IMO, death is never dignified, but it can be made less ugly and painful. However, that’s not necessarily how Oregon’s law is carried out.
A bit of background: almost two months ago, Sylvia and I traveled to the home of an old friend in Florida. Marion is 86, is losing short-term memory, and is aware of it. She knew she couldn’t continue living alone. Our plan was to move her into assisted living near us, where we could visit frequently.
However, during the two weeks we spent packing up her apartment, Marion was diagnosed with metastatic throat cancer. Assisted living was no longer an option. After returning to Portland, we enrolled her in Kaiser. Then we began to look at her options.
The ENT surgeon—tops in his field—recommended removing part of her lower jaw, her lower front teeth, and her salivary glands, and reconstructing the jaw with titanium and a bone graft from her arm. This would take 12-14 hours in the OR, and 10+ days in the hospital during which she’d be fed through a tube. Radiation would follow, and weeks of speech therapy. She might easily die in the OR, or have a stroke, and even if she didn’t, the chances of success for this treatment are not great. Without treatment, though, Marion could expect the tumor to break through the floor of her mouth, which would be extremely painful and disgustingly malodorous. She would become unable to eat or talk.
Both alternatives—treatment, or no treatment—are unbearable to contemplate. Although it is becoming increasingly difficult for her to eat, Marion decided against the surgery. She is horrified at the idea of having a stroke and lying in a nursing home, unable to communicate her wishes. Yet we are all horrified at the thought of the hideous death she faces without the treatment.
We are now researching palliative care and, at her request, assisted suicide. Oregon’s assisted suicide law, the “Death with Dignity Act,” at first seemed by far the kindest alternative. However, it turns out that there are several interesting catches.
Catch #1: Two doctors have to agree that you will likely die within six months. This is always a guess, of course. You have to be of sound mind and not suffering from depression, and you must make two requests, the second at least 15 days after the first. Right now Marion is competent to make such a decision, but her memory is continuing to deteriorate. If her cognition declines sufficiently before the docs agree on their prognosis, she could cease to be considered of sound mind and so lose that window.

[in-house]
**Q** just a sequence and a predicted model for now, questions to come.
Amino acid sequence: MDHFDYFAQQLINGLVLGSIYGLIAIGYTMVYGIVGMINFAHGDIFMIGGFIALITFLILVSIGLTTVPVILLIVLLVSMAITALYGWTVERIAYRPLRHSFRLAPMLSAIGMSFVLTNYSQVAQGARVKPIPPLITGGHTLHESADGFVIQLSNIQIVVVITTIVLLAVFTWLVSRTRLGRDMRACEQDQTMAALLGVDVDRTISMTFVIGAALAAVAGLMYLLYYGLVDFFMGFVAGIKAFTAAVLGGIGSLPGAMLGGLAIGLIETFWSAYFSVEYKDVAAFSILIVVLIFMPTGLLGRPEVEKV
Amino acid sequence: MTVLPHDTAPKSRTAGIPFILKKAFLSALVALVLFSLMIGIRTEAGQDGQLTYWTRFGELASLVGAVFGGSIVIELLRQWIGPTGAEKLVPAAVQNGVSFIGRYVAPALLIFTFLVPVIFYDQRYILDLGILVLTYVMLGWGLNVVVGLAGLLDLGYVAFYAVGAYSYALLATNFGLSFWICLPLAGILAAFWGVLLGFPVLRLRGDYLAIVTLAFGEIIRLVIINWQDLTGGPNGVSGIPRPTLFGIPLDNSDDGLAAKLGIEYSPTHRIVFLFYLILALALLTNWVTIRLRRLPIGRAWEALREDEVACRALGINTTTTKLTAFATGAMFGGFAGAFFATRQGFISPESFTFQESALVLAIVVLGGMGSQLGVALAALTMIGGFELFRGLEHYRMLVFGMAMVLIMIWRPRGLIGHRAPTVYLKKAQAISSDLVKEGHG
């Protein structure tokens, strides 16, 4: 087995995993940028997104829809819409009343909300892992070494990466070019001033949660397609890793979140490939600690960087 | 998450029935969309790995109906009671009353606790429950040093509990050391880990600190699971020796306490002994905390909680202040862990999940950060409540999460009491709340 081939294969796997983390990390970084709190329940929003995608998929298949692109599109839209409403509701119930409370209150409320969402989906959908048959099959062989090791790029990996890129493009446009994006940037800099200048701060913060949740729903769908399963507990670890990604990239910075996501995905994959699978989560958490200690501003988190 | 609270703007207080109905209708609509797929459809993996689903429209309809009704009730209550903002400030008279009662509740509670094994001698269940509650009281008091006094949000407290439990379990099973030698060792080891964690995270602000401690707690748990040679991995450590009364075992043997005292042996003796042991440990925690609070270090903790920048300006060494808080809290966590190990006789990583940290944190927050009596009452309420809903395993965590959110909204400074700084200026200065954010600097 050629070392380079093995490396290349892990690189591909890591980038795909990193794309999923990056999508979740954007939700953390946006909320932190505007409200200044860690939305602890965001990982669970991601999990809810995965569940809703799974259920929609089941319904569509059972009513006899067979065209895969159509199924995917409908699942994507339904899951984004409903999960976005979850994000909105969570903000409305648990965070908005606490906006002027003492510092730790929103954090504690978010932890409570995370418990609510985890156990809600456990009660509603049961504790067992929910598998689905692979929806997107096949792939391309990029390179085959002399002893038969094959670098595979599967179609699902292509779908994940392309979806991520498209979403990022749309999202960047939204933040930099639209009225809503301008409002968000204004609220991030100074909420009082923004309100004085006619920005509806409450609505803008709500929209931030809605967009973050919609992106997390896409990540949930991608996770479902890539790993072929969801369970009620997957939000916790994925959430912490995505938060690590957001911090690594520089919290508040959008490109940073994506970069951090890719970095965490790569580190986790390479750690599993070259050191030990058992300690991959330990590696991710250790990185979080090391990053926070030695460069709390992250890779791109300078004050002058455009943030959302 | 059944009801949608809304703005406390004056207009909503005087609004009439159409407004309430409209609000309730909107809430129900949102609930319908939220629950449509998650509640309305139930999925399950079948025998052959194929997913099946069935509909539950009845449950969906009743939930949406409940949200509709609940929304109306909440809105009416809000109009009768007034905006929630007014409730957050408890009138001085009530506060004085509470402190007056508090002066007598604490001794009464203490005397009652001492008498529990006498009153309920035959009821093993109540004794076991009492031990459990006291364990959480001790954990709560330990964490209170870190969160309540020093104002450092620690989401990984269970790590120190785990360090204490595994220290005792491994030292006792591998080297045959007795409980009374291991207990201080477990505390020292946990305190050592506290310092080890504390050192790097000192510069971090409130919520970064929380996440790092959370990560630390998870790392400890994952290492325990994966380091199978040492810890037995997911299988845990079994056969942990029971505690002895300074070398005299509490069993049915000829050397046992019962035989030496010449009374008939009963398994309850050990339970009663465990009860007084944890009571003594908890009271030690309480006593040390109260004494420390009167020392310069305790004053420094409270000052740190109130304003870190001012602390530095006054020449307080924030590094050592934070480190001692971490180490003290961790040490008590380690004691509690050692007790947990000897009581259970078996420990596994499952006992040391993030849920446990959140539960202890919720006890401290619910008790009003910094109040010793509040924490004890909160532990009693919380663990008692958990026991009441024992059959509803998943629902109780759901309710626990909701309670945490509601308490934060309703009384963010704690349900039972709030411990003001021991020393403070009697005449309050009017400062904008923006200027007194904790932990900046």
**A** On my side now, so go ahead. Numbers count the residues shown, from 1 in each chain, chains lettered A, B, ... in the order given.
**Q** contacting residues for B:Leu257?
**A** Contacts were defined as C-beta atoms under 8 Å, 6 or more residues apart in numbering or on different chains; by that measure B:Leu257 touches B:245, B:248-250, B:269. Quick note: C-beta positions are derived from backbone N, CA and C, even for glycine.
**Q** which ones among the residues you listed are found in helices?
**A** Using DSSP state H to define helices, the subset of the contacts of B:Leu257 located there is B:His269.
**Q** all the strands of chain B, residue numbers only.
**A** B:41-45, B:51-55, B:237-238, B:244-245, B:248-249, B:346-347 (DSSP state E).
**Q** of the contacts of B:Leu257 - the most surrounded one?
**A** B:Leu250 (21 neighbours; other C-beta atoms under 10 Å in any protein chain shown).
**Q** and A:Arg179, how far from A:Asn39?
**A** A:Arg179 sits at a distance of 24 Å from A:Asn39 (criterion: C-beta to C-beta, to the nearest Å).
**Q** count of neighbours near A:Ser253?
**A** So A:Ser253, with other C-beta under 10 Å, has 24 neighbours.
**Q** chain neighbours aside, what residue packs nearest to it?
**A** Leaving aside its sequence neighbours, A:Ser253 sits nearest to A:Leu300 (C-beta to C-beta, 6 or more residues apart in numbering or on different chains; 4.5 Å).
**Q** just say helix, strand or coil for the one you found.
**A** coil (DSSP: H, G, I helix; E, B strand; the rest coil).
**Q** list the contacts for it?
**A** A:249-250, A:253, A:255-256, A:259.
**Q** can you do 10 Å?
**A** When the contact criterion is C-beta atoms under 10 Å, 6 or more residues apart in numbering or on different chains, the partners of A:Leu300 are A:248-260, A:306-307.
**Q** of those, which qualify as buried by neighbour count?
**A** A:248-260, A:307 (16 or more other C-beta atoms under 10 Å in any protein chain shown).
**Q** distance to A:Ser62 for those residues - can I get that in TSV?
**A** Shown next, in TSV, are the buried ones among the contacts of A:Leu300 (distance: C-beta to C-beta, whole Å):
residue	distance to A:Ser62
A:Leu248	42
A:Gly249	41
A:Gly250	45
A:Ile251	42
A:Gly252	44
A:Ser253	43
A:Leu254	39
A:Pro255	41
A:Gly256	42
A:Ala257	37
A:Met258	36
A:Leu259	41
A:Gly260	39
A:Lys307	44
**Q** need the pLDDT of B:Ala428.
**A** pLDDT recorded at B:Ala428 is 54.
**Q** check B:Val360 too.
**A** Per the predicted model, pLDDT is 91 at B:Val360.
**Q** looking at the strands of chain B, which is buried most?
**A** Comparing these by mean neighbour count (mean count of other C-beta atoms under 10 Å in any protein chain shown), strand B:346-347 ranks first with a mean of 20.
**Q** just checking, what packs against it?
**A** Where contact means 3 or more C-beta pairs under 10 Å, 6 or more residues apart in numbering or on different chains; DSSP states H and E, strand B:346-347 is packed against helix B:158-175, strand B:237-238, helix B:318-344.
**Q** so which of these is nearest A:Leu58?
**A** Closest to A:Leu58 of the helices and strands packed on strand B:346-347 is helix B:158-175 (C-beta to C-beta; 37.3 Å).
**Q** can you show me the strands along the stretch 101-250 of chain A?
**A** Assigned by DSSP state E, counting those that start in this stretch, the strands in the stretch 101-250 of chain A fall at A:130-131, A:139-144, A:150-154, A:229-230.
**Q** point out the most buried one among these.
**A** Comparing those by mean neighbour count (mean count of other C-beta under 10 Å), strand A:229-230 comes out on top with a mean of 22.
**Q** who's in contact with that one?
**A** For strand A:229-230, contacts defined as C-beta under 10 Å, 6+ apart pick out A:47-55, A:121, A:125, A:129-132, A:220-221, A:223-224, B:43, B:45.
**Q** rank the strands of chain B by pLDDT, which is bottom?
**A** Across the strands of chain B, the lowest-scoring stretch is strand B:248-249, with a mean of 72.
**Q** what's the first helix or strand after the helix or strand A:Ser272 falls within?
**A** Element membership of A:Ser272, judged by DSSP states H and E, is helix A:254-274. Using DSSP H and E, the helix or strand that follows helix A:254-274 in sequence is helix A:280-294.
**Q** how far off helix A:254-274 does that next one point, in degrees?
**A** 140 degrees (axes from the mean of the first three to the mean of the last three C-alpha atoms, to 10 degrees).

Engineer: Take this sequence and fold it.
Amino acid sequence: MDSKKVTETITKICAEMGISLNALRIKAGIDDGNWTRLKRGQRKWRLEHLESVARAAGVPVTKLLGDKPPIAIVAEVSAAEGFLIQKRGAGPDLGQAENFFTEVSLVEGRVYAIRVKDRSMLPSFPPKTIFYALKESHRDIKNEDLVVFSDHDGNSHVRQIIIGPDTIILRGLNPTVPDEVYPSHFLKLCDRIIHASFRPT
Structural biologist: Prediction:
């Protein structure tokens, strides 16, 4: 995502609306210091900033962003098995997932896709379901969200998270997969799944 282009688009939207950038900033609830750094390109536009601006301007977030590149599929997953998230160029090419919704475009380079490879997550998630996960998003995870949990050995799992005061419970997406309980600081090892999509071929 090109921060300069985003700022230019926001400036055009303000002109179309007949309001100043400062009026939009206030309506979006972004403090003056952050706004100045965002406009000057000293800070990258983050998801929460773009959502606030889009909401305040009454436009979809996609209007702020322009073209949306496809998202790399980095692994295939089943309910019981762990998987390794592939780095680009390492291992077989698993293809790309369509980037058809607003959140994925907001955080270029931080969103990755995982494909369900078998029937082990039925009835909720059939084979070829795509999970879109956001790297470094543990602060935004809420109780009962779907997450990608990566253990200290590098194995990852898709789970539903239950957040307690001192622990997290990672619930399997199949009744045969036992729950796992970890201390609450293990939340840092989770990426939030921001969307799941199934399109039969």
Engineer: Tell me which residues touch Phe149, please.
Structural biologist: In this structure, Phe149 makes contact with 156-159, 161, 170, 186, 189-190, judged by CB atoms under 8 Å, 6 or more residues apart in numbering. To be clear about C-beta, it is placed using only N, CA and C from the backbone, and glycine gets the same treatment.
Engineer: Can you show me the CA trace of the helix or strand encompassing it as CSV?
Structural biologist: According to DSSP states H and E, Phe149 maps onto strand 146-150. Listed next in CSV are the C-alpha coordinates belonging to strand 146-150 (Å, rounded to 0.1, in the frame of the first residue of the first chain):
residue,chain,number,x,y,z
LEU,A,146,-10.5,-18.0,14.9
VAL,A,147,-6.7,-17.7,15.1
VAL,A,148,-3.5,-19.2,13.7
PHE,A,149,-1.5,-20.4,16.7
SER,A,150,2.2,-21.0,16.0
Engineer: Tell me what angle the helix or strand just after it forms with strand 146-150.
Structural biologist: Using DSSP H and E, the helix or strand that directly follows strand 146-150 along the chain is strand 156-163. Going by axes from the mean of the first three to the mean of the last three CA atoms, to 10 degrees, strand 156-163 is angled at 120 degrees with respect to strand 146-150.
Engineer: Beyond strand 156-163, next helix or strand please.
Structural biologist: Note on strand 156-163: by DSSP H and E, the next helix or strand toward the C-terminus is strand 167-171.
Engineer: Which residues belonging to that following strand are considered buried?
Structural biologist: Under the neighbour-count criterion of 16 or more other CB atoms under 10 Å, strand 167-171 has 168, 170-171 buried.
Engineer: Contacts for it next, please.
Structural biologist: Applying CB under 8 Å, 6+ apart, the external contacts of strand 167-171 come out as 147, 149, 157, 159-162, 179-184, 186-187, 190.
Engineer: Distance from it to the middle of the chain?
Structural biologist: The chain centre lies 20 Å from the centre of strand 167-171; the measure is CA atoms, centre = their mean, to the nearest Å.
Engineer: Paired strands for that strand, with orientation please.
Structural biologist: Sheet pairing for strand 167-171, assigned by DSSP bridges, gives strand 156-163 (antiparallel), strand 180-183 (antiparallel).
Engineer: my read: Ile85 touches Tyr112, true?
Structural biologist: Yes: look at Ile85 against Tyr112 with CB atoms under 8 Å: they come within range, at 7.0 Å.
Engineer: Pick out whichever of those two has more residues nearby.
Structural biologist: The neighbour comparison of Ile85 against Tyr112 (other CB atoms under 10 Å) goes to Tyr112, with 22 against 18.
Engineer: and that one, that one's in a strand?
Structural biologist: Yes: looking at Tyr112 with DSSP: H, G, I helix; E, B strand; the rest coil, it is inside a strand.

Catch #2: She must be able to swallow a lethal dose of Seconal (90 capsules emptied into a glass of juice) within 2-3 minutes—and keep it down. She is already finding it more and more difficult to eat. What if she loses the ability to swallow before she gets the opportunity? The social worker at Kaiser said that Marion could ask the doctors to put in a feeding tube. She would have to lie, to say she needs it to nourish herself and not for the lethal dose.
Catch #3: A neighbor told us that her husband was denied access to assisted suicide because he had a prior prescription for an antidepressant. With no other way out, he starved himself to death. Depression isn’t Marion’s problem, but many others might find themselves in this man’s situation, since having terminal cancer could easily lead to an emotional state that would result in a prescription for antidepressants.
Catch #4: The only drug prescribed for this purpose is Seconal, a tranquilizer that was patented in 1934. It used to cost just pennies a capsule. When it became the go-to drug for assisted suicide, Marathon Pharmaceuticals bought the rights to it. According to Kaiser, the lethal dose now costs $3,000-$4,000 here in Oregon. (In Canada, it is still only $64 US.) Medicare does not pay for it, and neither does Kaiser. If you’re on the Oregon Health Plan, that is, Medicaid, they will pay for assisted suicide. However, they won’t pay for expensive treatments to prolong life if their bean counters guess you aren’t likely to survive more than five years. What this means is that the Death with Dignity act serves only those poor enough to qualify for Medicaid, or those with enough money to pay the vultures at Marathon. If you’re somewhere in between, you can just suffer.
Meanwhile, we try to fill Marion’s last days with the food she loves, with good music, good literature, and visits from friends.
What do you think? I’d love to hear your stories and opinions on this issue.